Saturday, March 25, 2017

Review of "The Calculus of Happiness: How a Mathematical Approach to Life Adds Up to Health, Wealth, and Love," by Oscar E. Fernandez



Review of
The Calculus of Happiness: How a Mathematical Approach to Life Adds Up to Health, Wealth, and Love, by Oscar E. Fernandez, Princeton University Press, Princeton, New Jersey, 2017. 176 pp., $24.95 (hardbound). ISBN9780691168630.

Five out of five stars

 To the mathematician, the title is a bit misleading, for there is really nothing in the areas of differential and integral calculus. The content used in the descriptions and explanations is that found in standard college algebra and precalculus classes. This points out the most obvious use of the book, as a source of material for “real world” examples in such classes. Linear, polynomial, exponential and logarithmic functions are all used to compute ways to increase happiness.
 The paths to happiness are losing weight, reasonably accurate metrics for predicting lifespan, eating the right foods in the correct amounts, performing a detailed budget analysis, the most efficient and effective ways to invest money and equations that can be used to predict the number of people in an area that are your best matches for personal relationships. Successfully following these paths is demonstrated using equations based on data and very justifiable assumptions, making them excellent examples for the classroom.
 It is a good bet that there is not an experienced math teacher on the planet that has not heard the question in an algebra class, “What will we ever use this stuff for?” This book contains many effective responses.

Thursday, March 23, 2017

Review of "Gunsmoke", a movie starring Audie Murphy



Review of
Gunsmoke, a movie starring Audie Murphy, VHS format

Four out of five stars
 This is very much an old style western of the fifties. The movie opens with hired gun Reb Kittridge (Audie Murphy) and his gunman friend eluding a posse. Once the posse is gone, the two men part ways. Kittridge moves on to meet Matt Telford, a brutal local man that is determined to own all the cattle ranches in the area. Telford wants to hire Kittridge to kill the last holdout rancher, but he is turned down. In an unusual twist, Kittridge ends up owning the ranch and must drive the cattle to a railhead in order to pay off a mortgage on the ranch. That mortgage is owned by Telford, so he can acquire the ranch by preventing the cattle from being driven to the railhead.
 As westerns go, there is not a lot of gunplay, the daughter of the rancher is a single woman that is currently considered the girlfriend of the foreman of the ranch. There is a lot of interaction between the characters, Kittridge demonstrates that he is a man of integrity, even though his profession is that of a hired gun.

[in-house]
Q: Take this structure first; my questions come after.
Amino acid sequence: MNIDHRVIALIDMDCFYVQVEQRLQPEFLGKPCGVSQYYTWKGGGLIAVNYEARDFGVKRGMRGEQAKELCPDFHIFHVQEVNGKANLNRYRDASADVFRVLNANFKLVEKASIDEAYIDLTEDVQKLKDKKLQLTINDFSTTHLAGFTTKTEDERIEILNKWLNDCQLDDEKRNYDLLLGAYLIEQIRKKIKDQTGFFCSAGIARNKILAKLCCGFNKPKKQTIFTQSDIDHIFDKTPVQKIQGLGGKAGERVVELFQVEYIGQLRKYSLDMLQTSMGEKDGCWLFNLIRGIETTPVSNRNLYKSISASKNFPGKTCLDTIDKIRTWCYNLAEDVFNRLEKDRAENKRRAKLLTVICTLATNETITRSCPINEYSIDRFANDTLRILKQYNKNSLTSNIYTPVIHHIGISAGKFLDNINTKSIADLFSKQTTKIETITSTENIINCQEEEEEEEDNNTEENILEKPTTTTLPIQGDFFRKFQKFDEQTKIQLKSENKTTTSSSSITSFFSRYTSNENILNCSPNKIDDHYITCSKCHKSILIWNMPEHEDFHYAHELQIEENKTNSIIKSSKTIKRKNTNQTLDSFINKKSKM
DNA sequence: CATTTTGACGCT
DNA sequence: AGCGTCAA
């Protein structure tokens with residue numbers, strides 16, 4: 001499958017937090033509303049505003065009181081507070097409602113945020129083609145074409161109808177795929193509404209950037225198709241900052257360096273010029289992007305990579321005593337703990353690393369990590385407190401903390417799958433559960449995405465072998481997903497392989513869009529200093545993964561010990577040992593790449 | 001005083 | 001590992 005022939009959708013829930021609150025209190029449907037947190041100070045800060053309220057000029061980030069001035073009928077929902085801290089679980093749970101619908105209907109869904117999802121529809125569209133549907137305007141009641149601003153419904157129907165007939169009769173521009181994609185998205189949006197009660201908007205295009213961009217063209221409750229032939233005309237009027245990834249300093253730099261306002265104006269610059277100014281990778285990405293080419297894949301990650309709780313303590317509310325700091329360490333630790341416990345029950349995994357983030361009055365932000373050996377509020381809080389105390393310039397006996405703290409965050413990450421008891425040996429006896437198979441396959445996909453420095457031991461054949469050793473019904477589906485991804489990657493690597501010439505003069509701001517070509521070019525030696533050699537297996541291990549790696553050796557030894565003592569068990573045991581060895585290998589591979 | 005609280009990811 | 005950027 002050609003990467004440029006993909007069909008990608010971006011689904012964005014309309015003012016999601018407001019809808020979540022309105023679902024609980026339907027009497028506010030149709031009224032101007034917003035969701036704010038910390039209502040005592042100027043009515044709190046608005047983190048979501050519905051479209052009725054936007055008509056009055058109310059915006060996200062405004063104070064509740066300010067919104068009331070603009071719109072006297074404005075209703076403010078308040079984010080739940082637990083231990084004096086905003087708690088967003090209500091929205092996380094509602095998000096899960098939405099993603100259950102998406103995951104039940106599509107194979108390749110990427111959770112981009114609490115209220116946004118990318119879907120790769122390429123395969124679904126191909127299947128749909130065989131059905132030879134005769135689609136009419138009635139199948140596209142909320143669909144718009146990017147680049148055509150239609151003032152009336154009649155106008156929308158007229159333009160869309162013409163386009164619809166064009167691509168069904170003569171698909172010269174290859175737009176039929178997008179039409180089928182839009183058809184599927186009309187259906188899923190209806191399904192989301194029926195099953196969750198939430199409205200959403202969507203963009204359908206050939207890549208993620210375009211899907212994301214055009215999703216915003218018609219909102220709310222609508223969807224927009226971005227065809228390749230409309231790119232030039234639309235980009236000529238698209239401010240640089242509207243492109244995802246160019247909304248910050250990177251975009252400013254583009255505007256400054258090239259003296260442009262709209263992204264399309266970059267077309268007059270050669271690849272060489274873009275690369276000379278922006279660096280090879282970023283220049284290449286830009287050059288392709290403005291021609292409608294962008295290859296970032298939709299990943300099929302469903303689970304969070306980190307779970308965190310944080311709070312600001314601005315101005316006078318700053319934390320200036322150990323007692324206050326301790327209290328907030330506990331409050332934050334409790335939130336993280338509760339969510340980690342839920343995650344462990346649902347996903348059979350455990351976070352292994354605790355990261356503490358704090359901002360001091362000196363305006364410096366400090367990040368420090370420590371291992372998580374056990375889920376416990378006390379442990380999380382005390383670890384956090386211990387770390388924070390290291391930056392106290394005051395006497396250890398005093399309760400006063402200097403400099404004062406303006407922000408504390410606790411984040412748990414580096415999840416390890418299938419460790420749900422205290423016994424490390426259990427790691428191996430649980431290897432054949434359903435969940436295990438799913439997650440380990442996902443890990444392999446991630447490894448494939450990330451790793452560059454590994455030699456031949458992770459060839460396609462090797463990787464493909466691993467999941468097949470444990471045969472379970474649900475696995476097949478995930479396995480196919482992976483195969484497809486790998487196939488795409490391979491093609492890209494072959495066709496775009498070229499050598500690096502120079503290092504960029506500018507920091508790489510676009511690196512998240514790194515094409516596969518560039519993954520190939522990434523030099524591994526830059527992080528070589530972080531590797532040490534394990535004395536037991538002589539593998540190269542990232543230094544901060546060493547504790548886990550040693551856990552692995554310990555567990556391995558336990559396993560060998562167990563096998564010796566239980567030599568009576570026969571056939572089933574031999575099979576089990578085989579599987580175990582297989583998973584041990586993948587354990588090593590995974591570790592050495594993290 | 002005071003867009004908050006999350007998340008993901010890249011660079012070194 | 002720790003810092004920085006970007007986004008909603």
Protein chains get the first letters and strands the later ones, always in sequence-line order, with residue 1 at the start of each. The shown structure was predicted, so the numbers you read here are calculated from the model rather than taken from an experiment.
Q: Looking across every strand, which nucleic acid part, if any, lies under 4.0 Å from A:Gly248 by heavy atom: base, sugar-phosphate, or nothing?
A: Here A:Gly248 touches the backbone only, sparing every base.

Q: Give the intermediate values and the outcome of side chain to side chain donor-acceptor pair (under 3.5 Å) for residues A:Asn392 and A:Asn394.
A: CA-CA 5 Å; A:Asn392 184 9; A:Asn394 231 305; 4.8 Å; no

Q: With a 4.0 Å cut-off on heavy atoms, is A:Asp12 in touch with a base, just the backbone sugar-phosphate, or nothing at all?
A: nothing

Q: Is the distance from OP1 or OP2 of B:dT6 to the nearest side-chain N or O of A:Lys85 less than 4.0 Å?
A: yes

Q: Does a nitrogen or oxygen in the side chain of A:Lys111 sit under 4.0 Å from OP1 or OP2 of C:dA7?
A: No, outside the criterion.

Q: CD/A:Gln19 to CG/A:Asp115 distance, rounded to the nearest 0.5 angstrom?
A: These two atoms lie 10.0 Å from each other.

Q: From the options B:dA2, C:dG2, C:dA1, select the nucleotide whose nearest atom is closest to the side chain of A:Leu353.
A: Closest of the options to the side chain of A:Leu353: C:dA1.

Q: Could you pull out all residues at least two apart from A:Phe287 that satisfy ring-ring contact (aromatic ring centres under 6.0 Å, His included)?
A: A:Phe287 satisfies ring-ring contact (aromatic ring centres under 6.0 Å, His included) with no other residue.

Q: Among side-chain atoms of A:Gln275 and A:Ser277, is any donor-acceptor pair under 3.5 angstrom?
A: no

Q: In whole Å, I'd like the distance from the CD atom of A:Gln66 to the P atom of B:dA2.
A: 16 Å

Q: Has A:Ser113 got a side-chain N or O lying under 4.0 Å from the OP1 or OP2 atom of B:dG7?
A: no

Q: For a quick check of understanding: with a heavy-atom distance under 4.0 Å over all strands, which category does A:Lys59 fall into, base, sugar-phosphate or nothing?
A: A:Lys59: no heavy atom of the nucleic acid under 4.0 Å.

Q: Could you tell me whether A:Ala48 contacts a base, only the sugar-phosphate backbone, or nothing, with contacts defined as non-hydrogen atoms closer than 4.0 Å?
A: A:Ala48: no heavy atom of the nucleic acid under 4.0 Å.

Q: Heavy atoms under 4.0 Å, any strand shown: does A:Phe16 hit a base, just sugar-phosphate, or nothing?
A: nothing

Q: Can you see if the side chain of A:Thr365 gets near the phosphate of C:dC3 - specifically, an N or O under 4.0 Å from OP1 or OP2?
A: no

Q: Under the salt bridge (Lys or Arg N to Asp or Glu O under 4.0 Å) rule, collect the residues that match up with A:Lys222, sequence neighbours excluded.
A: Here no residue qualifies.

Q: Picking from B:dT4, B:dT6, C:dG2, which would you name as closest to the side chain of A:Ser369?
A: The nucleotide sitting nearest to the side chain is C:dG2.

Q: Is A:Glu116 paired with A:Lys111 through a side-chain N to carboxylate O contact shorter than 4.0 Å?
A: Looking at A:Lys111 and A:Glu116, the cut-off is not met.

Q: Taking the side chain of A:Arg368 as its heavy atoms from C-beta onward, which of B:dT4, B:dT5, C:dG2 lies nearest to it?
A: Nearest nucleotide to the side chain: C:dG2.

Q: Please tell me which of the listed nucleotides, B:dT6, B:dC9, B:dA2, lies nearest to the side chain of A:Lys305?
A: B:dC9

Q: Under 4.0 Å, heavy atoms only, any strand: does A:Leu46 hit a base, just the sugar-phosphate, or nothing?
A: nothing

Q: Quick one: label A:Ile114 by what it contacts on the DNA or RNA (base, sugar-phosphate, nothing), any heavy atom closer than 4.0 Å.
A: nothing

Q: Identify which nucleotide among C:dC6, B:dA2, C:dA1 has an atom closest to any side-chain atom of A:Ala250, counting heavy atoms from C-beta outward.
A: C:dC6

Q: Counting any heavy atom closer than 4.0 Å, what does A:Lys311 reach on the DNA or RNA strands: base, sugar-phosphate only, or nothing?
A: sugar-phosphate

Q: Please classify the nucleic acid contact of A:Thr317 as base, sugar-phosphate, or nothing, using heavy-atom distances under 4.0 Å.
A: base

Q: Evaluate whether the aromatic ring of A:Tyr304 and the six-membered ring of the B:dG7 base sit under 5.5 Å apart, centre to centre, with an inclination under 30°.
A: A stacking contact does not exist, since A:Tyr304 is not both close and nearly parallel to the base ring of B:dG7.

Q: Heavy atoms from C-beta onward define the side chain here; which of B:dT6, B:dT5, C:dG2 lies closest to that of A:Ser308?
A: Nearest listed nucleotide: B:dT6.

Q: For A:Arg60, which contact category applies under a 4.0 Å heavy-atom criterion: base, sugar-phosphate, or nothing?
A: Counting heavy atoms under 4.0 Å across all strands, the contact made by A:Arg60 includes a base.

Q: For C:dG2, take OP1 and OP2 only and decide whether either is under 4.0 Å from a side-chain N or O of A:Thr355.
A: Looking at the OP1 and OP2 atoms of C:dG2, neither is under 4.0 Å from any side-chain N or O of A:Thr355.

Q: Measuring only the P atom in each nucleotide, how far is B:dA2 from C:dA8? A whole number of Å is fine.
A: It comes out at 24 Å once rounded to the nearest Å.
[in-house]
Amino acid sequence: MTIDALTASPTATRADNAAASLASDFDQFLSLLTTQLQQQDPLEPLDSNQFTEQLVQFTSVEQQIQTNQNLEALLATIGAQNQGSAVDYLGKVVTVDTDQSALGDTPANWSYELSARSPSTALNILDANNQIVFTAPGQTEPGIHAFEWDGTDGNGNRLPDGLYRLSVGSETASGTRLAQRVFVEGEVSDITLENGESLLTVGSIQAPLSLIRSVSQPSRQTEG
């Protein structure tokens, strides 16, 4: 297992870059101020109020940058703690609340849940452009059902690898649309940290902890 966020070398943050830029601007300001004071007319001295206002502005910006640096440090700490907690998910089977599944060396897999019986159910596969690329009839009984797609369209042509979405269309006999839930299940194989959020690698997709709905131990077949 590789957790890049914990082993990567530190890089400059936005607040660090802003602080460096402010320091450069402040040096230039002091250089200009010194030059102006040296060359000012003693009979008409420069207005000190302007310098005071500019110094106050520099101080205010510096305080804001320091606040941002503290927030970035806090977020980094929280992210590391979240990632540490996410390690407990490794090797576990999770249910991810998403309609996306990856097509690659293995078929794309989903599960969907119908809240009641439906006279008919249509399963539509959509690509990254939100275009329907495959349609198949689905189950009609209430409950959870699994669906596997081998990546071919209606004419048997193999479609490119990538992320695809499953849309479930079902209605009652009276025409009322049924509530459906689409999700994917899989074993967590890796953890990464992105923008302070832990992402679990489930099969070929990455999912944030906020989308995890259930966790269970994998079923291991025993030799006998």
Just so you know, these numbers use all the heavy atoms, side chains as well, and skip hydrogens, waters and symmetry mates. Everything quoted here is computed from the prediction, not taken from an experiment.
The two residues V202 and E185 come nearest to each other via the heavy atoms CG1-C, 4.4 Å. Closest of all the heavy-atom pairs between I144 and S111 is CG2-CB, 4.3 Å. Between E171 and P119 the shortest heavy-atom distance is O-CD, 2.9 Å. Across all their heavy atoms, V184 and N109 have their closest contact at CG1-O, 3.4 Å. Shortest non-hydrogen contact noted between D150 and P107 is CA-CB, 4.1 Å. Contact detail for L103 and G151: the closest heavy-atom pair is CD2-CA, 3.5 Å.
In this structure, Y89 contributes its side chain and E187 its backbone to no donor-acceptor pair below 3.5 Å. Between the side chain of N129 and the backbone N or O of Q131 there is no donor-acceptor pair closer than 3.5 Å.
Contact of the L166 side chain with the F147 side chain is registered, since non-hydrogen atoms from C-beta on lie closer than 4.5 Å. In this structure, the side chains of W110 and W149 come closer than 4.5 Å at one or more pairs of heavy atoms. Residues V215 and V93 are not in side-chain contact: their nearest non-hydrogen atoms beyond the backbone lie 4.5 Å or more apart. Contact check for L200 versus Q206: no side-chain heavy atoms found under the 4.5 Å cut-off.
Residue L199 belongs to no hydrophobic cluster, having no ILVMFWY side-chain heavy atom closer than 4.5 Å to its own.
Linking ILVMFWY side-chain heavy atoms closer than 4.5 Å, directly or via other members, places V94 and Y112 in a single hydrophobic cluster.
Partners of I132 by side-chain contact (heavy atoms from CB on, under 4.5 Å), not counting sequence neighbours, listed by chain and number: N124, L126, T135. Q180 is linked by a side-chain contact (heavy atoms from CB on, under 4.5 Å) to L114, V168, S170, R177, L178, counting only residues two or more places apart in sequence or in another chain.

The action involves cattle, an independent female, a gunman reluctant to kill, an obvious budding romance and a standard greedy man trying to carry out one additional land grab. By modern standards, there is very little violence, there is one scene where the rancher’s daughter is rather scantily dressed and that seems out of place for the fifties.
 If you are a fan of the old western movies, you will no doubt like this one. Audie Murphy was generally passable as an actor, perhaps his best role was when he played himself and hid the personal issues he had over his experiences in World War II. One of the most decorated soldiers in the U. S. military in World War II, Murphy starred in 40 movies while suffering from a severe case of post traumatic stress disorder that led him to an addiction to sleeping pills. He took them to keep the nightmares and flashbacks away.

Wednesday, March 22, 2017

Review of "The Dictionary of Eponyms: Names That Became Words," by Robert Hendrickson



Review of
The Dictionary of Eponyms: Names That Became Words, by Robert Hendrickson ISBN 088029230x

Five out of five stars
This is a reference book that is fun to open at random and read about the origin of a specific word, all the while being an excellent source for understanding how some words came into existence. An eponym is a word created directly from the name of a real or fictional person. There are over 3,500 such words described in this book and they are educational as well as humorous. 
 For example, the Duke of the Scottish Argyle clan was known for putting posts in his pasture so that his cattle could scratch themselves and the pattern for what is now known as argyle socks is the traditional pattern of the clan. When a Scotsman scratched himself he would say, “God bless the Duke of Argyle!”
 There is also a great deal of history in this book and it covers all areas of human endeavor. From Governor Elbridge Gerry and the political word “gerrymander” to the phrase “Even Steven” that was derived from a book by Jonathan Swift. It belongs in all reference libraries.